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PG&E to blame for more wine country fires, Cal Fire says

‘Every house is gone and the school is all that’s left,’ says Sonoma schools leader

Northern California’s Oct. 8 wildfires were among the most destructive in U.S. history, and in Sonoma County, they uprooted an entire school system.
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Northern California’s Oct. 8 wildfires were among the most destructive in U.S. history, and in Sonoma County, they uprooted an entire school system.

Cal Fire on Friday blamed PG&E for 12 more of the fires that overwhelmed Northern California's wine country last October, citing the utility's power lines and poles and increasing PG&E's potential financial peril over the deadly fires.

The report came two weeks after Pacific Gas & Electric Co., which is lobbying state lawmakers for relief from financial responsibility for the fires, was blamed by the California Department of Forestry and Fire Protection for three other fires last October in Nevada and Butte counties.

However, Cal Fire's investigators still haven't weighed in on the deadliest of the wine country wildfires, the Tubbs Fire, which started in Calistoga and swept into Santa Rosa. The Tubbs Fire destroyed more than 5,000 homes and other buildings and killed 24 people, accounting for more than half of the 44 people killed in last October's fires.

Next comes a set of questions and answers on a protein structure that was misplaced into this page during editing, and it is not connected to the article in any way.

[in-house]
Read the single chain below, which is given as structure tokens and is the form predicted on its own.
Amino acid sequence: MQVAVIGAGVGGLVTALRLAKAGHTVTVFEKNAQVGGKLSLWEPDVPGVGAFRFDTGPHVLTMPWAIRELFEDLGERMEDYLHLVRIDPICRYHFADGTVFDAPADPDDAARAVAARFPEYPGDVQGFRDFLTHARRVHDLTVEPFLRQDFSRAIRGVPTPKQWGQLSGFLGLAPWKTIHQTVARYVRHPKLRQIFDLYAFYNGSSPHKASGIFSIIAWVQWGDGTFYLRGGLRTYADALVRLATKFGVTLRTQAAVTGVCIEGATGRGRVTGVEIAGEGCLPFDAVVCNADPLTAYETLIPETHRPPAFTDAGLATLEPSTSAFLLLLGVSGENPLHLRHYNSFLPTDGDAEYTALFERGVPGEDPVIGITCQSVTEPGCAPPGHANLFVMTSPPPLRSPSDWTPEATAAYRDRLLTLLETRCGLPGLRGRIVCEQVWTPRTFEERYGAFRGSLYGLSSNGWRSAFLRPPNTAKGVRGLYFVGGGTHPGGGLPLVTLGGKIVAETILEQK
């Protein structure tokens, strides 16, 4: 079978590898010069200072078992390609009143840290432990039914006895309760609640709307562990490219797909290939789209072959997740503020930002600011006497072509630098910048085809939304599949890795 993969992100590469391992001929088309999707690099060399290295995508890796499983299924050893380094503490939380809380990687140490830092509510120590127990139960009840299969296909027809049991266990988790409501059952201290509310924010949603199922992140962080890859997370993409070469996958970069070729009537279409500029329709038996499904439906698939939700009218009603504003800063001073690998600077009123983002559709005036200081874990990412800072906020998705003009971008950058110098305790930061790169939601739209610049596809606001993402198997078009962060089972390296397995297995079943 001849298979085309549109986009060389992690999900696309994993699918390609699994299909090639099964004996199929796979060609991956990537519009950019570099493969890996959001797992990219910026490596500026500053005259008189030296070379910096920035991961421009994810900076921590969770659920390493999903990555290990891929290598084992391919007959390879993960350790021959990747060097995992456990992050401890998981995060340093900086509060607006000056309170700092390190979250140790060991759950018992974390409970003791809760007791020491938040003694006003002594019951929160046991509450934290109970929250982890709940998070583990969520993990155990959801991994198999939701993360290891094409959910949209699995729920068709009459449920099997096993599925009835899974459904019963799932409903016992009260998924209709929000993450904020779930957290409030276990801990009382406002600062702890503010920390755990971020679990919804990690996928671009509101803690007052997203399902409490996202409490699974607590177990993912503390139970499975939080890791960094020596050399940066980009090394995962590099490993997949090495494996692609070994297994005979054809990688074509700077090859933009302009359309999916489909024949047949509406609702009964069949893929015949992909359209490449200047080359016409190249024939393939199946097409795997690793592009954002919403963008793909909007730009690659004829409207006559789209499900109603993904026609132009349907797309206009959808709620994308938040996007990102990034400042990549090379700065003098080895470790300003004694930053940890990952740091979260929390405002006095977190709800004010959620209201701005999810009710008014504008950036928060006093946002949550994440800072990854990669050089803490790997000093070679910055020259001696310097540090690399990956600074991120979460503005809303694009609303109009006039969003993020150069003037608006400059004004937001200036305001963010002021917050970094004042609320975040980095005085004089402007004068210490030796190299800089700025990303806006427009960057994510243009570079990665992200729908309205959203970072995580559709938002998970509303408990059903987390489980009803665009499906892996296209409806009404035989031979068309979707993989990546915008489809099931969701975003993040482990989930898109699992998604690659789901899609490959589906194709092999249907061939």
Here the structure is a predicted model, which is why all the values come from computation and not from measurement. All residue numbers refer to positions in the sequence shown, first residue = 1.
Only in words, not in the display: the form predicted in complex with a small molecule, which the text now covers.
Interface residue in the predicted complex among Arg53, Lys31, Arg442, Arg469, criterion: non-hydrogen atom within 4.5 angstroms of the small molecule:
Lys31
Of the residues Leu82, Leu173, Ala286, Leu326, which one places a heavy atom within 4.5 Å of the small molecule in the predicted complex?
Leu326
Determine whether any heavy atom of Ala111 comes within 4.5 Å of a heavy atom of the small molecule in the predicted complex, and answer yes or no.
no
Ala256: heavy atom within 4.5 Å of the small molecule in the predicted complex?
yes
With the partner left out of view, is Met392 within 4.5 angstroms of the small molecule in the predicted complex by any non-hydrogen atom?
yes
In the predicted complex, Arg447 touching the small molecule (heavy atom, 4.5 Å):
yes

Cal Fire has determined that most of the fires were caused by tree limbs brushing up against PG&E power lines. PG&E, however, has declined to acknowledge that it's been at fault.

"Based on the information we have so far, we continue to believe our overall programs met our state's high standards (for fire safety)," PG&E said in a prepared statement.

The wine country fires caused $9.4 billion in property damage, making them the costliest fires in California history. PG&E is already facing a slew of private lawsuits. It has told shareholders that its liability could exceed the $800 million in insurance coverage it has for wildfires, and it took the unusual step last December of suspending its $1 billion-a-year shareholder dividends.

At the same time, PG&E has been trying to convince legislators to reduce its liability related to wildfires. The company and others are arguing that the deadly 2017 wildfire season was the result of climate change, and utilities should not pay the price for Mother Nature's "new normal."

The latest report by Cal Fire points blame at PG&E for the following fires: Redwood in Mendocino County, Sulphur in Lake County, Cherokee in Butte County, Blue in Humboldt County, 37 and Pocket in Sonoma County and Atlas in Napa County. Cal Fire also said PG&E's power equipment was responsible for five fires that merged into a single blaze across Sonoma and Napa counties: Norrbom, Adobe, Patrick, Pathian and Nuns.

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